Most Popular In: Iceland, Austria and Germany
Stefan is the German and Scandinavian version for the English Stephen'and the Greek Stephanos.
Origin: French, German
Meaning: Heart, Mind and Spirit
Famous Namesakes: Hugo Boss, fashion designer; Hugo Weaving, actor.
Most Popular In: Spain, Sweden and France
‘Hugo’ is derived from the Latin name Hugh.
Origin: Italian, Spanish
Meaning: Man from Laurentum
Famous Namesakes: Lorenzo Amoruso, Soccer Player.
Most Popular In: Italy
This is the Italian and Spanish variation of the name Lawrence and comes from the Latin word Laurentius.
European Baby Girl Names:
Origin: Dutch, German, Italian, Latin, and Nordic
Famous Namesakes: Mia Farrow and Mia Sara, actresses.
Most Popular In: Scandinavia, Germany and the Netherlands
Mia is derived from the name Maria, or alternatively as a diminutive of the name Amelia.
Origin: English, Irish
Meaning: Bright, radiant
Famous Namesakes: Saint Clare of Assisi
Most Popular In: England and Ireland
A twist on the name Clara which takes its origins from the Latin adjective Clarus meaning bright, radiant or renowned.
Origin: English, French, German
Meaning: whole, universal, complete
Famous Namesakes: Emma Thompson and Emma Watson, actresses.
Most Popular In: France, Belgium, Norway and the Netherlands.
Origin: English, French, and Latin
Meaning: Olive tree, emblem of peace
Famous Namesakes: Olivia Newton-John
Most Popular In: England and Northern European countries
The name was first seen in a play written by William Shakespeare in 1599. While the name ‘Olivia’ has been used since it’s introduction by Shakespeare, it’s popularity and use peaked in the 70s.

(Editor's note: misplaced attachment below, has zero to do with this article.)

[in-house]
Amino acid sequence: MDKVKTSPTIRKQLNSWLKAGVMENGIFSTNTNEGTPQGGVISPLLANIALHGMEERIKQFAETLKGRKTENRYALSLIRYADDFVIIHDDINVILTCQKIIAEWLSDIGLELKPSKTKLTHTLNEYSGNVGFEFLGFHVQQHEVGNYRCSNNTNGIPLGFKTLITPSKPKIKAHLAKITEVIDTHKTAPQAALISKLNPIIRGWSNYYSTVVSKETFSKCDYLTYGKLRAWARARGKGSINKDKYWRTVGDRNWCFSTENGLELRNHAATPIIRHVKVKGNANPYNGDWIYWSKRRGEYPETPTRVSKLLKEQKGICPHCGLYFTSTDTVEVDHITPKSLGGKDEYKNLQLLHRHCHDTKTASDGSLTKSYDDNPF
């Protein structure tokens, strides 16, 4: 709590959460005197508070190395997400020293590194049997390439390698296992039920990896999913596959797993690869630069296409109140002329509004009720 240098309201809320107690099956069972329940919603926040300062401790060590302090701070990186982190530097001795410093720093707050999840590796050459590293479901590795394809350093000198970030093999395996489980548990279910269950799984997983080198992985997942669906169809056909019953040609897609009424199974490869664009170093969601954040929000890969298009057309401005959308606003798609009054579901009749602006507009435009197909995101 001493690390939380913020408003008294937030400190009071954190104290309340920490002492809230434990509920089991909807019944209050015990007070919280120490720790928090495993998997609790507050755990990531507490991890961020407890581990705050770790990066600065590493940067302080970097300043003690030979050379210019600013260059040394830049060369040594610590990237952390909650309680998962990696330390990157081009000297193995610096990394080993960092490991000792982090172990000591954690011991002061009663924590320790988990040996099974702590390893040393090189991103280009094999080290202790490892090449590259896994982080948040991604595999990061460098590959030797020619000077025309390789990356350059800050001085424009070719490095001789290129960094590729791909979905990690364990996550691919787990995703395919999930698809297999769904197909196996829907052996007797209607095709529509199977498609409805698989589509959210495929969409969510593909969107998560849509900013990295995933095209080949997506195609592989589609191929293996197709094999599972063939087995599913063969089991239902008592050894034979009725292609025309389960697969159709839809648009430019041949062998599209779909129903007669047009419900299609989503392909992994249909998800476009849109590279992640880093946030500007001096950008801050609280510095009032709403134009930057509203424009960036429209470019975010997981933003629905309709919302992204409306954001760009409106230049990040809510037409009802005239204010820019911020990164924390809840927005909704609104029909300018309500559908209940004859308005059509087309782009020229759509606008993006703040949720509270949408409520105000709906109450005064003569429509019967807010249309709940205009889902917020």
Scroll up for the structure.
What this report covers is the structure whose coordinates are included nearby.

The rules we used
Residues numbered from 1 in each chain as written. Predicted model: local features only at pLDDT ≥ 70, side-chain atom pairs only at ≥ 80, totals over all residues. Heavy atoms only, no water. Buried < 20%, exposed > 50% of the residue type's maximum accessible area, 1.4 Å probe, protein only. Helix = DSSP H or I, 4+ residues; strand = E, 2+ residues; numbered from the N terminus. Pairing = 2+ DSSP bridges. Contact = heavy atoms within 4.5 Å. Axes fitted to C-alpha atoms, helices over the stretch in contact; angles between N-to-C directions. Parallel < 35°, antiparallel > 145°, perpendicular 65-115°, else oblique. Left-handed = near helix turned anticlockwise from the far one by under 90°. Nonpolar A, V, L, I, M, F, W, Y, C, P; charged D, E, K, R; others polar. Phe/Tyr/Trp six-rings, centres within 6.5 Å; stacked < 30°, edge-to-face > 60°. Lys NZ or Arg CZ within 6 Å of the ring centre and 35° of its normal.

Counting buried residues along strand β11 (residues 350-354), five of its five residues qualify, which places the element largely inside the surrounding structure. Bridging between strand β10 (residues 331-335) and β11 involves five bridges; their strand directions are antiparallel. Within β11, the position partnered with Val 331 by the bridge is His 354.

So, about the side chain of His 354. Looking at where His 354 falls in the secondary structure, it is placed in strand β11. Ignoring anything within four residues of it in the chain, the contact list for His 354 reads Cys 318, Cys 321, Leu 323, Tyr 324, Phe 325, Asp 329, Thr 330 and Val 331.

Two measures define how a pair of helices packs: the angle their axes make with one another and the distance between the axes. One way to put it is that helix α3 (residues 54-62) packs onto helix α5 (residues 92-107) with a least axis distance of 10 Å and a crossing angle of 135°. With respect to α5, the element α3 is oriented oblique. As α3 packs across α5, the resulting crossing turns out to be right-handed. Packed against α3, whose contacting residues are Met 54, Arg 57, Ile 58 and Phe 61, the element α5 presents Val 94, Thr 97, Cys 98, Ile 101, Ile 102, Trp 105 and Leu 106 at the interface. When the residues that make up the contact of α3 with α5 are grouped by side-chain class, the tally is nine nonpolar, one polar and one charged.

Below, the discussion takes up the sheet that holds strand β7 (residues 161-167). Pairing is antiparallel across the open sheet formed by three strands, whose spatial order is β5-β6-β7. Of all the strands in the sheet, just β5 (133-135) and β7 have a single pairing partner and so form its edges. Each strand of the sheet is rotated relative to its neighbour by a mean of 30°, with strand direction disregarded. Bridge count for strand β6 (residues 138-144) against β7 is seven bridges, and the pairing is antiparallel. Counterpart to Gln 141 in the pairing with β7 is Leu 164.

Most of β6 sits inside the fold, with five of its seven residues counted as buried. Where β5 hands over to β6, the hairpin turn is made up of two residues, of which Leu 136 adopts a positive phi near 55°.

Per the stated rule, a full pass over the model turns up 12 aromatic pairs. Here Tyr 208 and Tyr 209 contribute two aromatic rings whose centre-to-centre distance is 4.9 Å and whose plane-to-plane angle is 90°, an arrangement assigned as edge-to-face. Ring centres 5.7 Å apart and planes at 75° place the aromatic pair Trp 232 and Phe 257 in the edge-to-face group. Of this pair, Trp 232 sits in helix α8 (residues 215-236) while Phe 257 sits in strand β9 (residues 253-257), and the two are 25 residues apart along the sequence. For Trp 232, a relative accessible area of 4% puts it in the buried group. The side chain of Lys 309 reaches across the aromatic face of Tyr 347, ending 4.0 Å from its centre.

Origin: English, Greek.
Famous Namesakes: Sophia Loren, Actress.
Most Popular In: England, Scotland, and Ireland.
Sophia, also spelt Sofia in Italy and Spain, is one of the most popular girls’ names in the Western World at the moment.
Origin: English, Hebrew, and Latin
Meaning: God is my oath; Sworn to God.
Famous Namesakes: Isabella Rossellini, Italian Actress
Most Popular In: Great Britain, Ireland and Scandinavia
Isabella is a variation of the name Isabel which originated in medieval France, Spain and Portugal as their version of Elizabeth.
Origin: English, German, and Latin
Meaning: Birdlike, lively
Famous Namesakes: Ava Gardner, Actress
Most Popular In: England, Scotland and Northern Ireland
Origin: English, Latin
Famous Namesakes: Emily Blunt
Most Popular In: Ireland, Scotland, Northern Ireland and England.
Origin: English, Hebrew
Meaning: Grace or Graciousness
Famous Namesakes: Hannah Dakota Fanning, Actress
Most Popular In: Austria, UK, Norway and the Netherlands
Origin: English, Hebrew.
Famous Namesakes: Sarah Michelle Gellar and Sarah Jessica Parker, actresses; Sarah Ferguson, Duchess of York.
Most Popular In: Austria, Ireland, France, Belgium, the Netherlands, Denmark, Northern Ireland, and Bosnia and Herzegovina.
Sarah is one of the oldest names in history, as biblically it’s the 8th oldest name in existence. Drawing on its biblical origins, Sarah is a symbol of motherhood and matriarchy which was introduced in England by the French.